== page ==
This Editor has been using a Garmin Nüvi for a year now and it works marvelously. I now take it on any long trip, and it has also been very useful when navigating to local locations. If you miss a turn, it will usually recalculate within seconds. The spoken turn-by-turn instructions are easy to follow — it’s like having a human navigator by your side. Click the link below right for best pricing and FREE Shipping.
North American Maps are Pre-Loaded
The Garmin Nüvi 260W comes preloaded with City Navigator NT North America–road coverage for the U.S., Canada and Puerto Rico and nearly 6 million points of interest. City Navigator North America NT gives you everything you need to travel North America. Powered by NAVTEQ, a world leader in premium-quality digital map data, City Navigator brings you the most detailed street maps available so you can navigate with exact, turn-by-turn directions to any address or intersection.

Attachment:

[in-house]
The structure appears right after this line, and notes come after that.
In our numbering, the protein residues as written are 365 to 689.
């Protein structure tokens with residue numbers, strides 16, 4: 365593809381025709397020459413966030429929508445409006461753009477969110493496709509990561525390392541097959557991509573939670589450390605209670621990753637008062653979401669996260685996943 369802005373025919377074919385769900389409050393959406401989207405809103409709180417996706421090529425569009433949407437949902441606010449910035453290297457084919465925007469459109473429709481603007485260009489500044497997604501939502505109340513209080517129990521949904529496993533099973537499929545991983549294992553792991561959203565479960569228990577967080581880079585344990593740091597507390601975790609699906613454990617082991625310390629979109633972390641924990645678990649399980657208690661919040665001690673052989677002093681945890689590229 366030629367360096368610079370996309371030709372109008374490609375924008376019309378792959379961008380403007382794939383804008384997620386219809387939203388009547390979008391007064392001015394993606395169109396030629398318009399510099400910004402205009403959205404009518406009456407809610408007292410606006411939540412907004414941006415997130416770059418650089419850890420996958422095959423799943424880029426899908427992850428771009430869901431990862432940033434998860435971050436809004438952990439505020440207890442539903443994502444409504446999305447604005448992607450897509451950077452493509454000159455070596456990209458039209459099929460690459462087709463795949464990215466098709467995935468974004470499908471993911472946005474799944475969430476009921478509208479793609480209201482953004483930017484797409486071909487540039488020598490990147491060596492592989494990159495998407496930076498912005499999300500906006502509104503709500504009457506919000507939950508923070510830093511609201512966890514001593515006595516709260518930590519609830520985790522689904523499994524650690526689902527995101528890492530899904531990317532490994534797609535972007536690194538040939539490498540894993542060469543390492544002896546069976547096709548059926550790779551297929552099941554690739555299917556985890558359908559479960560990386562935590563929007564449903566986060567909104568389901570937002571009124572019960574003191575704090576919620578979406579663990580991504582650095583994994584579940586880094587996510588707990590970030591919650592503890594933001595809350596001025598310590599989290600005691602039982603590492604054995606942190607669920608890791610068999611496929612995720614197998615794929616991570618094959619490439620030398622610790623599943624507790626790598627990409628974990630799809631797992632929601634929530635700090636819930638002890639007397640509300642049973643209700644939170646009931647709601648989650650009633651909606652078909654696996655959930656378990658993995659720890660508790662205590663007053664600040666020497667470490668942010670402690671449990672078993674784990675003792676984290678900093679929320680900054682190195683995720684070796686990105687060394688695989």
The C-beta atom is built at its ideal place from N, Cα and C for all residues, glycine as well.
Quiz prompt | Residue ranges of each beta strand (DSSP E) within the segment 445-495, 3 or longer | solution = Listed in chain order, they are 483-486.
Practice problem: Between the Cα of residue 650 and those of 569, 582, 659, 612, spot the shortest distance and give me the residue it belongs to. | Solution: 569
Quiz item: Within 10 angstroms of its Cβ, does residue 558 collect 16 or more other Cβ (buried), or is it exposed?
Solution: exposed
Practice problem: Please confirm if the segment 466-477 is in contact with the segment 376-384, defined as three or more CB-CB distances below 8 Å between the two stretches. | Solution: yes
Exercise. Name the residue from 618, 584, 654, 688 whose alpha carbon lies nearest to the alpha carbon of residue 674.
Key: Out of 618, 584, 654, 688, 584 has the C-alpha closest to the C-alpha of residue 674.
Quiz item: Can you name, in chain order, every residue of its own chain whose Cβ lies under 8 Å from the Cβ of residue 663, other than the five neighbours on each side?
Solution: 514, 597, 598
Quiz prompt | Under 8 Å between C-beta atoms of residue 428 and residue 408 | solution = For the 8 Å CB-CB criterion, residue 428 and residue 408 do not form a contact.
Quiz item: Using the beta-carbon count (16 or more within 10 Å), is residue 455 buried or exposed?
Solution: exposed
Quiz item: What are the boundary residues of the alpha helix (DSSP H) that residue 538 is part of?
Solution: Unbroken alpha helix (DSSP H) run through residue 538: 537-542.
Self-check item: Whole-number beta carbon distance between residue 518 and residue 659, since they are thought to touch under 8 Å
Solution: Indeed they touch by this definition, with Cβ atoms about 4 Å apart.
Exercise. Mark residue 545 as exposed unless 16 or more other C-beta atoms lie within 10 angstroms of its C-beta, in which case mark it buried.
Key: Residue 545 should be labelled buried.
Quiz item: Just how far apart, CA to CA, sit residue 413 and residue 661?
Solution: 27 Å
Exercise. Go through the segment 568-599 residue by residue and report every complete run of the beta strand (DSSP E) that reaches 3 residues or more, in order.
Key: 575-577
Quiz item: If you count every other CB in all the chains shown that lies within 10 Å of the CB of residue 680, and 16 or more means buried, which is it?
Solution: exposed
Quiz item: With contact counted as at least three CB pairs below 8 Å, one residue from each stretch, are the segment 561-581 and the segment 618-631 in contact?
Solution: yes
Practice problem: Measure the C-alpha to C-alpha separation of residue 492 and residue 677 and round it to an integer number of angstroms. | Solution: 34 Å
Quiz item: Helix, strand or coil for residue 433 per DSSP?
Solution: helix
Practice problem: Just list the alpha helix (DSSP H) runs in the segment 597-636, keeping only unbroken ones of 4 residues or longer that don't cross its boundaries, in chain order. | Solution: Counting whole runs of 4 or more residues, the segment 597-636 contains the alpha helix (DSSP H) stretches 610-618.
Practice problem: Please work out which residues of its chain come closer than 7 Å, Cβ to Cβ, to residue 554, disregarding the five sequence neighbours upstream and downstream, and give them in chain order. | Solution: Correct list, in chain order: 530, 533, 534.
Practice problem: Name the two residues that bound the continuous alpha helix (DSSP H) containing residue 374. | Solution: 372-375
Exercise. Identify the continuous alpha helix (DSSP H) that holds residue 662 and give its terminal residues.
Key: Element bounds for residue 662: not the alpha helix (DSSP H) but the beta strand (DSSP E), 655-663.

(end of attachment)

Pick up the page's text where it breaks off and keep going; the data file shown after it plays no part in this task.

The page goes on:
The battery will run a few hours, but I recommend keeping the unit plugged in via your cigarette lighter outlet or other DC power port. When the unit is not in use for a few days, I also recommend removing the battery. Even with the unit switched “off” Garmin maintains a “fast access” mode that draws a small amount of current.
Handy Vent Mount Secures GPS
I’ve experimented with a half dozen GPS mounts and my favorite is the i.Trek Vent Mount. This snaps on quickly and places your GPS in an ideal position to the right of the steering wheel. It is a little tricky to remove, but otherwise works great and only costs $6.50 at Amazon.com. The Vent Mount can jiggle a bit on big bumps, but the GPS is normally plenty stable, and it is easy to adjust viewing angle. It’s a great little device — much better in my opinion than windshield mounts (which are illegal in some states).